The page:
Then there are all the indirect savings. When more people have access to health care the population is generally healthier so there are fewer sick days. When all pregnant women get high quality, accessible health care the rate of prematurity drops dramatically. Given premature delivery is the number one cause of infant death and morbidity more term babies means fewer children with long-term health problems. And of course the healthier the population the less health care that is needed, further reducing costs (there really is something to that whole preventative medicine thing).

If there were any doubt about who is actually getting what they are paying for you only need to look at data gathered by The Commonwealth Fund. The United States pays more for health care than other industrialized countries and is outperformed by the NHS, a universal health care program, on every single measure.


I can’t imagine how a universal health care system would work in the United States. We over test and over treat for a variety of complex reasons I can’t fully grasp. Sometimes doctors push it, sometimes hospitals and labs encourage it, and sometimes patients demand it. We have a system that is ripe for abuse. There are hospitals that waste money on surgical robots to do surgeries at a much higher cost with no benefit (and possibly more risk). I’ve seen physical therapists not give home exercises to patients with excellent insurance so they keep coming back for more visits. I’ve seen doctors jumping to procedures that reimburse the best, glossing over the poorly reimbursed non-surgical therapy that might work as well or even better. There are patients who insist on unnecessary imaging. People get physical therapy denied by their health insurance carrier, but have no problems getting back surgery that is unlikely to help. SOmetimes t just hurst to think about the waste.

For universal health care to really work everyone has to feel like they are a custodian of the system. Everyone. I’m not sure how that could ever work in a society that at times to someone not born here seems a bit like a cult of the individual.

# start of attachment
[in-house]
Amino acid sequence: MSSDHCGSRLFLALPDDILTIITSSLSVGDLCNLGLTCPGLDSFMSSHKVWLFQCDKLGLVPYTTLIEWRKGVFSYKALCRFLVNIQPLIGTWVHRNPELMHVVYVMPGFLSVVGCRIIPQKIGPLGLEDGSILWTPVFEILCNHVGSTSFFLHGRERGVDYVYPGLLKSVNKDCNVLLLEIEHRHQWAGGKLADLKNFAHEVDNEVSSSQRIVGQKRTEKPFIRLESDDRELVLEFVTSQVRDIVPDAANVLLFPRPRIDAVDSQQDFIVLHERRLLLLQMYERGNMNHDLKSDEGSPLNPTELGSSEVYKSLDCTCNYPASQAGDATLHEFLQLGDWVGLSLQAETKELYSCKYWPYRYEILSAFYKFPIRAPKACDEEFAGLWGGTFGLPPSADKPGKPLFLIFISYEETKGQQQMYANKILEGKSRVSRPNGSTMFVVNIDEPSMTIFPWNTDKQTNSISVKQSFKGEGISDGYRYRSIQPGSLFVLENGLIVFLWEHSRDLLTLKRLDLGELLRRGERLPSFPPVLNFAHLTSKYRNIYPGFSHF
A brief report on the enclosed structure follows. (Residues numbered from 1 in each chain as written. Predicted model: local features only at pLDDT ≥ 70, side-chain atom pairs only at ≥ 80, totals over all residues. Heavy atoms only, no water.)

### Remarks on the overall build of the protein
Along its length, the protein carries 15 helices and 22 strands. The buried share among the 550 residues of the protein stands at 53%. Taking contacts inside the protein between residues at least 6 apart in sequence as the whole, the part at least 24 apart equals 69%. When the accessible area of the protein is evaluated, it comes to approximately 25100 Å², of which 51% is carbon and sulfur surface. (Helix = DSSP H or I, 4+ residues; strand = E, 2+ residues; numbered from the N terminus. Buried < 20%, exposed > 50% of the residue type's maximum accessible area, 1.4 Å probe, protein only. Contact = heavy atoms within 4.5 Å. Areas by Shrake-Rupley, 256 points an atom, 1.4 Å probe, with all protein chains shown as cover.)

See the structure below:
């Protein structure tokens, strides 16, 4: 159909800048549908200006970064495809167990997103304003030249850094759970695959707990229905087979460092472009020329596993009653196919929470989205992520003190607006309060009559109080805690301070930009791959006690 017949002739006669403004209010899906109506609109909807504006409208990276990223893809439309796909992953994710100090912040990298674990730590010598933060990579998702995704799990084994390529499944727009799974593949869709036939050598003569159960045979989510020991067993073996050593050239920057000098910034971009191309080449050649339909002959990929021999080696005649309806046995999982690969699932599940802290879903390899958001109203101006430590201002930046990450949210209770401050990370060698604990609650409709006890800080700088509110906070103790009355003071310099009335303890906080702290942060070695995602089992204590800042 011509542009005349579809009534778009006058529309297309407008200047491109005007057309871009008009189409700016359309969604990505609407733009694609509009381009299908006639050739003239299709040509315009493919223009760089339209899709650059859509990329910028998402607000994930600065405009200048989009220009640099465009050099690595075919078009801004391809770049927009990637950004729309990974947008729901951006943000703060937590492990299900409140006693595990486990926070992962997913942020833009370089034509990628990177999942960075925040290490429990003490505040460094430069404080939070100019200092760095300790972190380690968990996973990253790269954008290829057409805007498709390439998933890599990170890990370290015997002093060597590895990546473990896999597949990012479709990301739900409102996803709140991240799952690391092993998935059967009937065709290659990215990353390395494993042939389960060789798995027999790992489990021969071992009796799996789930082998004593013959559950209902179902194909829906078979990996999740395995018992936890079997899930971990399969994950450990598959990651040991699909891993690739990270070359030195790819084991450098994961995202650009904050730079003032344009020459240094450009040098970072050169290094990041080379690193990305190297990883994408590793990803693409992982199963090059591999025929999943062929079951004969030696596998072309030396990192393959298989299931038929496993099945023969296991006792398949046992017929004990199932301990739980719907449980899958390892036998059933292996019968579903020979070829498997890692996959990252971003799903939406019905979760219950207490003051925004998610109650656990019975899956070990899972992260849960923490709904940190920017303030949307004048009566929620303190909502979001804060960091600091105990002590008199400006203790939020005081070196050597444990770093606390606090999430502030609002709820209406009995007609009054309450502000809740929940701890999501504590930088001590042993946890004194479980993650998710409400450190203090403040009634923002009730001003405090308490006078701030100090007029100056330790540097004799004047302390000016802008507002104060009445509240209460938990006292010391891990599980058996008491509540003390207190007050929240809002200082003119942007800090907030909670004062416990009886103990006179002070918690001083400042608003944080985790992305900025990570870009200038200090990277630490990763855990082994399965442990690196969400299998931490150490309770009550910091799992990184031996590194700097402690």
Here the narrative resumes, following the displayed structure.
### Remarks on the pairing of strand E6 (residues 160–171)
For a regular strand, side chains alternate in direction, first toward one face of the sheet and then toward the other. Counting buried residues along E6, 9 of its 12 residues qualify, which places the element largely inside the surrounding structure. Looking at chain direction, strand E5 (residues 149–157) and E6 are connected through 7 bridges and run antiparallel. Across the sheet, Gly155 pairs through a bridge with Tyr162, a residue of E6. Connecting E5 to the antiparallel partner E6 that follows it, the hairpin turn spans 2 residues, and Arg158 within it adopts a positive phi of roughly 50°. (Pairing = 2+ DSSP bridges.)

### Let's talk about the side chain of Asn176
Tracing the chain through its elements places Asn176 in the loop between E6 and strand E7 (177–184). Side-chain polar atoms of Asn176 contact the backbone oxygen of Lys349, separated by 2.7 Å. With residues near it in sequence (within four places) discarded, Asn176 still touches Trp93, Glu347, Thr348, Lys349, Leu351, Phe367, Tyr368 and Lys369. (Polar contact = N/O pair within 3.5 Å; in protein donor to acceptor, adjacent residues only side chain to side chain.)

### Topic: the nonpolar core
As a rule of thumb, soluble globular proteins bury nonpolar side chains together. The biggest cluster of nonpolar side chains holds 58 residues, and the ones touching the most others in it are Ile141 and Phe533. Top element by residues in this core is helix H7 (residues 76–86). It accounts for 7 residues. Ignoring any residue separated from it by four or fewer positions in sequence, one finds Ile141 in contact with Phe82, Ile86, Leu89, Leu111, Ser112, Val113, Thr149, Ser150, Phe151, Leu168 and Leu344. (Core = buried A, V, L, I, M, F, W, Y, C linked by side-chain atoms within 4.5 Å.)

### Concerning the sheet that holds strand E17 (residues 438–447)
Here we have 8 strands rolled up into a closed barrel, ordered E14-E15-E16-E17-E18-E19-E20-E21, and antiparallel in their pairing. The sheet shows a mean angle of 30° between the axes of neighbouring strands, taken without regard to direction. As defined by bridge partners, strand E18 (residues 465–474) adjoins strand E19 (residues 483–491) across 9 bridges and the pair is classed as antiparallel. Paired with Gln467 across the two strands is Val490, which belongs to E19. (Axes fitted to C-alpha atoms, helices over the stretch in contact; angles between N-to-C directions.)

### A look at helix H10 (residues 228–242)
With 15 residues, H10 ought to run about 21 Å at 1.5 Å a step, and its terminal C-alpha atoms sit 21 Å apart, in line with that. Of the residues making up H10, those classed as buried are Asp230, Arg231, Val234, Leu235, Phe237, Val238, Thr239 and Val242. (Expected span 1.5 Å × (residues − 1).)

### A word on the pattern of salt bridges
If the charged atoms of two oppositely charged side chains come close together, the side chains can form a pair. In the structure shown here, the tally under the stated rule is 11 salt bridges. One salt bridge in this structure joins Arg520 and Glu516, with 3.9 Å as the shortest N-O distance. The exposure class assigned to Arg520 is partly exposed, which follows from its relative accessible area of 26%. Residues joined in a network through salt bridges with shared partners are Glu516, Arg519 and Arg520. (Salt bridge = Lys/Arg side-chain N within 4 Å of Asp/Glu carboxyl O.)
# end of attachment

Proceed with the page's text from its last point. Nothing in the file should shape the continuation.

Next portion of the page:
uhc-day-badgeYesterday was Universal Health Care Coverage Day. I didn’t see much news coverage. Maybe it’s disease-of-the-month fatigue or it just seems so foreign to the US that it went by barely noticed, which is a shame.

Universal Health Care doesn’t mean the insurance is free, but with the NHS it means that 100% of the population gets covered for less than half the cost of covering 87% in the Unites States. The NHS isn’t perfect, but compared with other industrialized countries it’s number one in almost every metric and certainly it seems like the UK taxpayers are getting a better return on their health care investment than most.



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  1. This is a great article, but I think you missed one thing. Epidemics. They usually start with the poorest people. If your first patient with cholora/typhoid/ebola can’t get treatment quickly, you’ll soon have a whole load more patients who are only sick because you didn’t treat the first one.

  2. We have Medicare in Australia and it’s sending our economy broke. The saddest thing is that because it is free, people take it for granted and some abuses it. I have more grateful patients in private and more medicolegal complaints in public patients. A large percentage of people who actually use it are non tax payers and the system is straining under stress.

  3. Recently I asked husband (who runs a region of behavioral health places) if the two dozen-or-so reimbursing agencies (who regulate, review, and who each have multitudes of exacting requirements) in ANY way had EVER had the positive effect of keeping standards high and organizations on their toes. You can well guess his response.

  4. USA as a country prioritizes individual wealth over shared wellness. Looking at the outcomes, it seems that you get what you want. It seems to me, though, that the existing system socialises the costs much more effectively that the risks.